CommonWork today was very satisfying work.
After we had processed 7 barrels of beer grains, done some work in the garden and worked on a time line for when we would need the compost ready, we went back to the compost piles with Lia and began turning the piles for the first time. We wanted to check on the progress of the piles because we’re wanting to start planting our first crops the first two weeks of October. Turns out the piles are composting, but not at the rate we had hoped, so we worked on turning and watering a section of the pile. This should greatly increase the rate of decomposition.
We all felt very satisfied after digging through and turning the piles for 45 minutes. There’s something about turning the compost, witnessing the progress, and instigating further progress that is a different quality of work than say digging in the soil to weed.
Come out and experience the joys of composting (or other garden preparation) with us every Sat. from 8-11am.
CommonWork is a new weekly workday on Saturdays from 8am-11am. CommonWork is a time for the CommonWealth community and neighbors to get their hands dirty for the preparation and maintenance of the CommonWealth gardens.
We had a blast working on the Ollie lot this week. Lia, Hannah, and Clem spent most of the time weeding and replanting in open spaces where the cover crop (Cowpeas) didn’t germinate.
The other project was maintenance of our ever expanding compost pile. David and Terry processed 4 barrels (1,400 lbs.) of spent beer grains (kindly donated by the folks at Coop Ale Works) and layered them with wood chips. We also watered the compost pile for the first time this summer.
It may sound ridiculous to water a pile of waste, but water is an essential ingredient in the composting process. For the little microbes in the pile to work at maximum efficiency any compost pile needs the proper mixture of green (Nitrogen) and brown (Carbon) matter and water. If there’s no water, the microbes die out and the decomposition process grinds to a halt.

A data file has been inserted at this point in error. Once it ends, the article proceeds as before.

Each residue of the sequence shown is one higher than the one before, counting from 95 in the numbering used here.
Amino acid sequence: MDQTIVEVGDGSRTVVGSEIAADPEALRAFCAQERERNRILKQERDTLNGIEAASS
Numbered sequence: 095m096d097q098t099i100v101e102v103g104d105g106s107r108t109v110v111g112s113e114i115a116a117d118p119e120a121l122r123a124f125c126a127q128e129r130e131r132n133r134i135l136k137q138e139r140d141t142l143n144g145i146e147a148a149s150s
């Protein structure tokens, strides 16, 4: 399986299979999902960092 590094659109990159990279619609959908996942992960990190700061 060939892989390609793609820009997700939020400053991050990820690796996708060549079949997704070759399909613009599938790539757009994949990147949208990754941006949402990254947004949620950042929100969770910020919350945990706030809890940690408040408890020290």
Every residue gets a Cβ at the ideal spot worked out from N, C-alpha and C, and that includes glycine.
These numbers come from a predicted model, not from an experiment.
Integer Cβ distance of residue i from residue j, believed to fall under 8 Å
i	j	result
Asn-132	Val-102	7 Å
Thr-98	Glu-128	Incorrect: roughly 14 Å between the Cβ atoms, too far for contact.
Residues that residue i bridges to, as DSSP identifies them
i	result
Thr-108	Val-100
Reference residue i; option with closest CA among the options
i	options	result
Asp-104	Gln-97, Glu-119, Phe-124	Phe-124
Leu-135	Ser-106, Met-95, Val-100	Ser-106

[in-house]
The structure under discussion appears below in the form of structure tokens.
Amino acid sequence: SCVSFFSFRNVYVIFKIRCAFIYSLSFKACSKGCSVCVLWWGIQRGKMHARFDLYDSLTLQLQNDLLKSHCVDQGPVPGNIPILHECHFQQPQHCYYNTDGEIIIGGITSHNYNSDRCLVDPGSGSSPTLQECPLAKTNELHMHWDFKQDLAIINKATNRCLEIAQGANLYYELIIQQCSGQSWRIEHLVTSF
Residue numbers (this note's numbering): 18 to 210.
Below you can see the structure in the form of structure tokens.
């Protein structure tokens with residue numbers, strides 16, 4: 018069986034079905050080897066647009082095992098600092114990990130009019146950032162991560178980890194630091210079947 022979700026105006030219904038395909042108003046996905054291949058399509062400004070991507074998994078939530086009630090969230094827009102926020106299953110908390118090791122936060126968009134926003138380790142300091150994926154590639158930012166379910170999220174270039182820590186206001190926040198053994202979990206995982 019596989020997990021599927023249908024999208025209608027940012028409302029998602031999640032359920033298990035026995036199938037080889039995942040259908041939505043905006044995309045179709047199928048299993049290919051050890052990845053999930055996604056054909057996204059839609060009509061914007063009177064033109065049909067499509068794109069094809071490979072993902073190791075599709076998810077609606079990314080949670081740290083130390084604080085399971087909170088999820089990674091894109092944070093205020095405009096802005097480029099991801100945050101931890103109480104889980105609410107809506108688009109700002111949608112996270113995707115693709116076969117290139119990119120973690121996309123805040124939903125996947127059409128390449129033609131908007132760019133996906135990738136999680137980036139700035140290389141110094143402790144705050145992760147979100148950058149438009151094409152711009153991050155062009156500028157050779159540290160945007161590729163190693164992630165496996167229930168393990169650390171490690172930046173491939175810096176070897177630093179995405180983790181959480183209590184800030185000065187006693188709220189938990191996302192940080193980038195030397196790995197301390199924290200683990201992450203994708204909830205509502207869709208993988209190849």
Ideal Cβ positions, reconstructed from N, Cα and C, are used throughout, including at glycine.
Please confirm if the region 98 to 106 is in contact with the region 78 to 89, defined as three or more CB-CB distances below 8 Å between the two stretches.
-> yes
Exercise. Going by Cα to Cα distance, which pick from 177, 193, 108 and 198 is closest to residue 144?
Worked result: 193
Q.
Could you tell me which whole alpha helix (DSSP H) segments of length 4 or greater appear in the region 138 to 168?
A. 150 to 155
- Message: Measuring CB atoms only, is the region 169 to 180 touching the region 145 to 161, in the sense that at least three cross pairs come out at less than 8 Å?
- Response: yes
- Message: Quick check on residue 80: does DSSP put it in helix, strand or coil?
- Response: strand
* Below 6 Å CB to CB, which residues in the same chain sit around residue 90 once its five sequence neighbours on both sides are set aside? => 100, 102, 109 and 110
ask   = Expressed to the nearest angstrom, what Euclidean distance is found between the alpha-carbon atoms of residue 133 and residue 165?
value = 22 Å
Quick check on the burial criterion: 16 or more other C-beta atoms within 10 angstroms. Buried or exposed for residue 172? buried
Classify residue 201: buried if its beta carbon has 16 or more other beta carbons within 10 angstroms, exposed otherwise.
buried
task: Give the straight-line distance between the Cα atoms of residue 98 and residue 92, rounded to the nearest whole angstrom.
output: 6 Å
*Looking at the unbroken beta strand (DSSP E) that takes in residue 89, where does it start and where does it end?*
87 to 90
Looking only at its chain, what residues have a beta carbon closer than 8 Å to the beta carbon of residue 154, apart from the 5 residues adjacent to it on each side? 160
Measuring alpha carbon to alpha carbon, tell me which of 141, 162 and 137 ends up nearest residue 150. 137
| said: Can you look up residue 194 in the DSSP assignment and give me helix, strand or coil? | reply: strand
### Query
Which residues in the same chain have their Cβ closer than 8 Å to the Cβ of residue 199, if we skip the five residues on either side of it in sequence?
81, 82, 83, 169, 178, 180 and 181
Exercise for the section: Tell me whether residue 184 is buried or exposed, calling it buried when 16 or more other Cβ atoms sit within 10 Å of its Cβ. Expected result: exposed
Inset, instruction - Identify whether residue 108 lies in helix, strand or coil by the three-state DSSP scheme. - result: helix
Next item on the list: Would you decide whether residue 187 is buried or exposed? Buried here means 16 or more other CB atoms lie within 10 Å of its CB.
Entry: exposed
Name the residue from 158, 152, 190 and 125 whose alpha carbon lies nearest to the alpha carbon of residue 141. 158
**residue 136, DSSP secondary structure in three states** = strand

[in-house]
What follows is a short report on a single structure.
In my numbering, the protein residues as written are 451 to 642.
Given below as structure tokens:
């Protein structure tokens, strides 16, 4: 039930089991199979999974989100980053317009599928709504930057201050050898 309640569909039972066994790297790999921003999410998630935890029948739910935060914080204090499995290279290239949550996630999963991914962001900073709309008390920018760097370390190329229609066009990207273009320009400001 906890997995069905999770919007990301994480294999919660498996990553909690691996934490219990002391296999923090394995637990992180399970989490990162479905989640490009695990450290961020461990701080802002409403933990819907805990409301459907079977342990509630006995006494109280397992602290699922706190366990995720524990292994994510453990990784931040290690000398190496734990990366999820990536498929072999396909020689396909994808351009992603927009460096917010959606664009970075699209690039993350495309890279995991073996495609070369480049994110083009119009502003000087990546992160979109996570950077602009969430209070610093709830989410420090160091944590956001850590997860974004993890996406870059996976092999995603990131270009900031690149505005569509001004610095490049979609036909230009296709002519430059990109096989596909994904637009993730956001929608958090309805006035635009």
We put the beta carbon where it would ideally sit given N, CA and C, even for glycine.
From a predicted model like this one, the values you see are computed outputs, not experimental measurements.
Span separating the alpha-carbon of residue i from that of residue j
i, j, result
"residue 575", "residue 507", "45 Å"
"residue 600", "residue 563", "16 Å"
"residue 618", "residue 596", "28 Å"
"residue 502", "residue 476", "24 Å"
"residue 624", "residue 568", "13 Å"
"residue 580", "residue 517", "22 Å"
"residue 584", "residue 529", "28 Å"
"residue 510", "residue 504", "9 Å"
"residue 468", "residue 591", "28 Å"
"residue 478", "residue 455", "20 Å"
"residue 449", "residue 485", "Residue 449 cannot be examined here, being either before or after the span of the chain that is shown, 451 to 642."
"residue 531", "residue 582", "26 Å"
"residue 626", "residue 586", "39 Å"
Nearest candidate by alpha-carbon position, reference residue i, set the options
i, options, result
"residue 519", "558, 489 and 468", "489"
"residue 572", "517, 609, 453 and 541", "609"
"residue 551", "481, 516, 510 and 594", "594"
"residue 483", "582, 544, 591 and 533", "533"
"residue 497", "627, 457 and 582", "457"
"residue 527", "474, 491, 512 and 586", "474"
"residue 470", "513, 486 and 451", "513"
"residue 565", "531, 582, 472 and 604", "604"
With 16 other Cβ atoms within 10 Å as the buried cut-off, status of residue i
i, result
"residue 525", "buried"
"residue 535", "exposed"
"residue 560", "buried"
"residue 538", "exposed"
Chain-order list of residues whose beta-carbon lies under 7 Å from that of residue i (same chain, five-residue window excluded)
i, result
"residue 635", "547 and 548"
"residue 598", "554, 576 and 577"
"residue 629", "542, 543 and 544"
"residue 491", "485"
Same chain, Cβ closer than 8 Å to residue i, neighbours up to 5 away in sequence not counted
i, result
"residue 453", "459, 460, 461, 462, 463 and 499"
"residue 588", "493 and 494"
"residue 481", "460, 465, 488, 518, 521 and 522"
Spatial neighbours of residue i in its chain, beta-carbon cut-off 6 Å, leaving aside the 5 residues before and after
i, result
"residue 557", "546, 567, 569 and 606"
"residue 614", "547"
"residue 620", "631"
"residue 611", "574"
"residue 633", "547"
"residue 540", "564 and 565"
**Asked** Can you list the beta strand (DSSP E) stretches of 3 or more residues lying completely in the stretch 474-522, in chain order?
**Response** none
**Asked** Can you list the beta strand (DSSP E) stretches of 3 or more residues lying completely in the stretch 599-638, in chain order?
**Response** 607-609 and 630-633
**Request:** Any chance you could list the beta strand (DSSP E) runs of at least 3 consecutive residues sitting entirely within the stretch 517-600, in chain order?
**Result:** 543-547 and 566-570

We all had a great time. Hope to see you there next week!
Welcome to the new blog for CommonWealth Urban Farms! This will be a great way keep both community members and onlookers informed as we progress in this new venture.
So you might be asking yourself…what exactly does CommonWealth Urban Farms do?
Our vision is of a vibrant local food network in Oklahoma City, through which every person has access to real food while supporting the health of the environment and of the community.
Our mission is to grow food on vacant lots throughout Oklahoma City, to provide training and resources for a network of urban gardeners, to create jobs that contribute to individual and community health, to expand retail outlets for locally grown food, to turn local waste into compost, and to connect neighbors and neighborhoods so that our common waste and underutilized resources become our common wealth.
Peace of cake, right?
Not so fast. As our name implies, our end-goal is to benefit the common good, the community. To do so we rely on the strengths and resources of community members to pitch in and make things happen. The more involvement and support we receive from the community, the more we have to collectively give back to the community.
If you’re looking for a way to get involved, come to our weekly work party, CommonWork, Saturdays from 8am-11am.
We hope this blog will serve the purpose of connecting and keeping people connected to the work we are doing. Feel free to look around on the site for more ways to get involved!